People have found more and more creative ways to travel safely during the coronavirus pandemic, and with more and more people getting vaccinated, you might be ready to hit the road for a long-awaited vacation or visit with family or friends.
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Whatever your reasons for traveling, eating right when you’re on the road can be a challenge. Whether you go by plane, train or car, you don’t have to let bad food choices bust your diet when you’re on the go.
With a little knowledge and some advance planning, you can steer clear of dietary road-blocks, says preventive medicine specialist Roxanne B. Sukol, MD.
So what are the healthiest travel snacks? She breaks them down by travel choice.
On the road
If you’re traveling by car, it can be easy to rely on fast food options, rest stop vending machines, and gas station snacks along the way. After all, these things are convenient and inexpensive. But those quick food choices come with a price: They’re typically loaded with sugar, processed fats and empty calories.
Make pit-stop shopping something you’ll feel good about 20 miles down the road by taking some time to plan ahead for smarter snacking options. You’ll have good food options, and you’ll feel better about keeping your own tank running in tip-top shape.
Pack a cooler full of protein and nutrient-rich treats. Consider fueling up with nourishing foods as road trip snacks:
- Fresh fruit such as bananas, apples, oranges or grapes.
- Low-fat string cheese or cheese slices.
- Single-serving containers of hummus, guacamole or tuna.
- A peanut butter sandwich on whole grain bread.
- Single-serving packets of nuts such as almonds or cashews.
- Baby carrots, celery sticks, sliced bell peppers or snap peas.
- 100% whole-grain wrap with avocado, shredded carrots, and hummus.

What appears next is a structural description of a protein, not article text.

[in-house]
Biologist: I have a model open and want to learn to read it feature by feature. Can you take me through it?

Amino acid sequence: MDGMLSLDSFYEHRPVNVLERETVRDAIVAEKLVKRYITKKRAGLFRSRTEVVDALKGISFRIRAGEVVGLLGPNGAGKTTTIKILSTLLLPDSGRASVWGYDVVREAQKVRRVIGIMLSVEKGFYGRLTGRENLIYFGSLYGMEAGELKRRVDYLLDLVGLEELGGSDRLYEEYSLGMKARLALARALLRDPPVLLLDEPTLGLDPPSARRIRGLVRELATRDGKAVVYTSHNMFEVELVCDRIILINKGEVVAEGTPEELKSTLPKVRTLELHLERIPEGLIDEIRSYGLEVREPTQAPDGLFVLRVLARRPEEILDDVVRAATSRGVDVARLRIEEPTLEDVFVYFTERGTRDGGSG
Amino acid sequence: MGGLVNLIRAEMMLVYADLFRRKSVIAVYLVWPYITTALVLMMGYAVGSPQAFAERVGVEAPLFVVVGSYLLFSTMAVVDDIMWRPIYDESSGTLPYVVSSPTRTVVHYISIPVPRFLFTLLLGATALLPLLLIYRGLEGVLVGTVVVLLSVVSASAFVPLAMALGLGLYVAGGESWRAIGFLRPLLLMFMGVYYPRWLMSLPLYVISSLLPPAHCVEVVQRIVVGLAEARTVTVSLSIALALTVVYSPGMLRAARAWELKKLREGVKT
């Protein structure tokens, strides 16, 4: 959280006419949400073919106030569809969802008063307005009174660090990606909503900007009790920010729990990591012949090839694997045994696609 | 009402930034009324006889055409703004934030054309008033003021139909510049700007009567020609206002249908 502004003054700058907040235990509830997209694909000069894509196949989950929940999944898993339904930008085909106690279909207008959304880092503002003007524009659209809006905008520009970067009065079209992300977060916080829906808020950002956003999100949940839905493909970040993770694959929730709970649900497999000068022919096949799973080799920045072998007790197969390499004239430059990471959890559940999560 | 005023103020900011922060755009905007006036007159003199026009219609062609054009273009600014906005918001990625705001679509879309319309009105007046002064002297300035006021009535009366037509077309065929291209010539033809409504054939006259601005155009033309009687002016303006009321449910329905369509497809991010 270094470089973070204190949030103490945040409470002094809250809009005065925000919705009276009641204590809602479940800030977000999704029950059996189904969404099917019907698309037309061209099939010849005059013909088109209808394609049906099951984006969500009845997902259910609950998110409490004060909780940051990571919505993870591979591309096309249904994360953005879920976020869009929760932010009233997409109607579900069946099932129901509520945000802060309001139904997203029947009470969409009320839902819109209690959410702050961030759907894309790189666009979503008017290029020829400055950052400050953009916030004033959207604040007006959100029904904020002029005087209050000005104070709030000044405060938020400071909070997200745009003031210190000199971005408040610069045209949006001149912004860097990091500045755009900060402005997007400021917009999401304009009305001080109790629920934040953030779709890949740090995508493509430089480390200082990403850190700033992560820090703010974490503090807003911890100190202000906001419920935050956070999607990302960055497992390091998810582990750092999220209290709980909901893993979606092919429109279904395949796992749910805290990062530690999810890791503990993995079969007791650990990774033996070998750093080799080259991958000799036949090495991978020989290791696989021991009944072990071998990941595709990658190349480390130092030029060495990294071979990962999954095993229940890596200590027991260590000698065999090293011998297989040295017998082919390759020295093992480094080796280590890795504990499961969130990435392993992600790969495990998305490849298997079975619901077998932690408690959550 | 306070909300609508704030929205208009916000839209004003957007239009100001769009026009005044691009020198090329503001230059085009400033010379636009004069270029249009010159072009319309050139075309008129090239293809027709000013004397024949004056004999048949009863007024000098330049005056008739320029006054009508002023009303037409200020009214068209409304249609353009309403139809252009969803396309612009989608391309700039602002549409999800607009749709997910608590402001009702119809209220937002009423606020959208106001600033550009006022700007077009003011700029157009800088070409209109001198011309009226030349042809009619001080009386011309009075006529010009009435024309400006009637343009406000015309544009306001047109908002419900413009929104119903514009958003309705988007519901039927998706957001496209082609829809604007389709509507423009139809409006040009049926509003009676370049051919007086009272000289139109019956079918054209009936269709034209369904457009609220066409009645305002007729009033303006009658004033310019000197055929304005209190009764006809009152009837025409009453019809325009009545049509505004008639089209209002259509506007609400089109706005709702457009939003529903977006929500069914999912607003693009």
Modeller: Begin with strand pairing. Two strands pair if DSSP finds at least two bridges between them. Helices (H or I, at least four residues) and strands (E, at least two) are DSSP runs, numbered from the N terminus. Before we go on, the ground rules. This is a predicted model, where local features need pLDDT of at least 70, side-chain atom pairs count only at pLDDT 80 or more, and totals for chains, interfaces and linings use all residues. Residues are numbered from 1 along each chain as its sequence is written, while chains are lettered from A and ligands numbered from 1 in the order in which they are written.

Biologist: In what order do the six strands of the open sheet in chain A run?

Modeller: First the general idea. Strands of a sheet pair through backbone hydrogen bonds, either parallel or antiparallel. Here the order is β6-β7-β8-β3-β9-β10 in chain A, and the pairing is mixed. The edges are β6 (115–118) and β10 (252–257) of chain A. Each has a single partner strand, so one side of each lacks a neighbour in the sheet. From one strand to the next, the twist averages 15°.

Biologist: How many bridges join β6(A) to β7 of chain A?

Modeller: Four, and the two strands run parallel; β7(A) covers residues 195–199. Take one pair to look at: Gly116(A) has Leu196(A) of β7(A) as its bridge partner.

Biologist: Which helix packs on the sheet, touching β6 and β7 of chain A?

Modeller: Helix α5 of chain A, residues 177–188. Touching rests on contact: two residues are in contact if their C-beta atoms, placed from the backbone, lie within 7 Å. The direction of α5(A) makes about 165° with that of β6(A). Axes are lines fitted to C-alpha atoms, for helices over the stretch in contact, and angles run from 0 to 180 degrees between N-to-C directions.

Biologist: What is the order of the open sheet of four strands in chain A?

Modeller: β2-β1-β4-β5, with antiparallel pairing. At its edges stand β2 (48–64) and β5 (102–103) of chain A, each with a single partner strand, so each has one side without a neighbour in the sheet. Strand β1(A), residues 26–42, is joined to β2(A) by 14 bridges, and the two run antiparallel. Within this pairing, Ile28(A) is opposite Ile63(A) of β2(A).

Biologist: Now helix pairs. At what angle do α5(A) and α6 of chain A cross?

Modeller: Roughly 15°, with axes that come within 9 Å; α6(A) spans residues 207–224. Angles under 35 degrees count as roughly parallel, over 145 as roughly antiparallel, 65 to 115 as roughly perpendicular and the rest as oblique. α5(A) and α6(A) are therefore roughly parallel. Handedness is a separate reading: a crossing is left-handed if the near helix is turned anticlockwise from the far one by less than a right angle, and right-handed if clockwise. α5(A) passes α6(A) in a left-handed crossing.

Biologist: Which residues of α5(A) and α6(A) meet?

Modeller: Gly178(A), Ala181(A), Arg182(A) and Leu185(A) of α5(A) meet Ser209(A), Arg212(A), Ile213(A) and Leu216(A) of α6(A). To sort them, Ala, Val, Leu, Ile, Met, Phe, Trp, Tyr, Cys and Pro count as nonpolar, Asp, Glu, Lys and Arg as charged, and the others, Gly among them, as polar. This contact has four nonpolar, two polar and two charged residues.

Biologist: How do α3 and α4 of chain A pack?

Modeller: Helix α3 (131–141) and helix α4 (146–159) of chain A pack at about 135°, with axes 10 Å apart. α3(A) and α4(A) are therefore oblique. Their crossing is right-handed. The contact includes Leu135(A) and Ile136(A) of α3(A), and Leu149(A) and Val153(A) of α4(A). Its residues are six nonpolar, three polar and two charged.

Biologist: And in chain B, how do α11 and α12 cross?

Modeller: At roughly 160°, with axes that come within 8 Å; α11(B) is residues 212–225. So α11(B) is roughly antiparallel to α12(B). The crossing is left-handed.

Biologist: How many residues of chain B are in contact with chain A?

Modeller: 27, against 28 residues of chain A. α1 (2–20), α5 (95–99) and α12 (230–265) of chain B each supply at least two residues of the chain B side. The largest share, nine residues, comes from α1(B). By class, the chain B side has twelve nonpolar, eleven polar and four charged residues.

Tip: Trail mix can be a great choice. Choose mixes with nuts, seeds and dried fruit. Dark chocolate chips are great in cool weather. Try to limit mixes with M&M’s or candy.
“If you have time, a good bet is to make your own,” says Dr. Sukol. Measure out ¼-cup portions and fill small baggies for the ride.
By plane or by train
You can find real food, even in the airport and train terminals sandwiched between the pretzel, cinnamon roll and fast food joints. But if you choose, you can also pack healthy travel snacks to save time during layovers.
Granted, you can’t take a cooler through airport security — but with some simple planning, you can pack healthy food options. Dr. Sukol suggests the following.
Put nourishing snacks into clear baggies to get through security.
Healthy options include:
- Homemade trail mix, such as this recipe.
- Air-popped or bagged popcorn (with minimal ingredients, corn, oil and salt).
- Baby carrots, sliced bell peppers, celery sticks, dried cranberries or other easy-to-eat veggies and fruit that will stay fresh.
Visit shops or kiosks where you can buy single-servings of healthy snacks.
- Low-fat Greek yogurt.
- Hummus with veggies.
- Fruit cups made with fresh fruit.
- Pre-cut veggies.
- Turkey or salmon jerky (but watch the sodium content on these if you have salt-sensitive hypertension).
Stop by a cafe and swap healthier foods for your go-to choices.
- Oatmeal instead of sugary granola.
- Unsweetened fresh fruit cup instead of a blueberry muffin.
- Cinnamon or nutmeg instead of sugar, syrup or whipped cream in your coffee.
Tip: Keep a few single-serving snacks on hand during your flight in your backpack or carry-on.
At your destination
End the day with a nourishing meal. The feeling of wanting to binge on fast food or sweet snacks is understandable after a long day of travel, especially if you haven’t eaten well at all throughout the day.
If you plan to eat out once arriving at your destination, address your hunger head-on with veggie appetizers, like a salad or steamed broccoli, Dr. Sukol suggests. Include whole grains and nourishing fats such as olive oil and nuts, or those in grilled chicken or salmon. These will stick to your ribs and keep you feeling satisfied longer.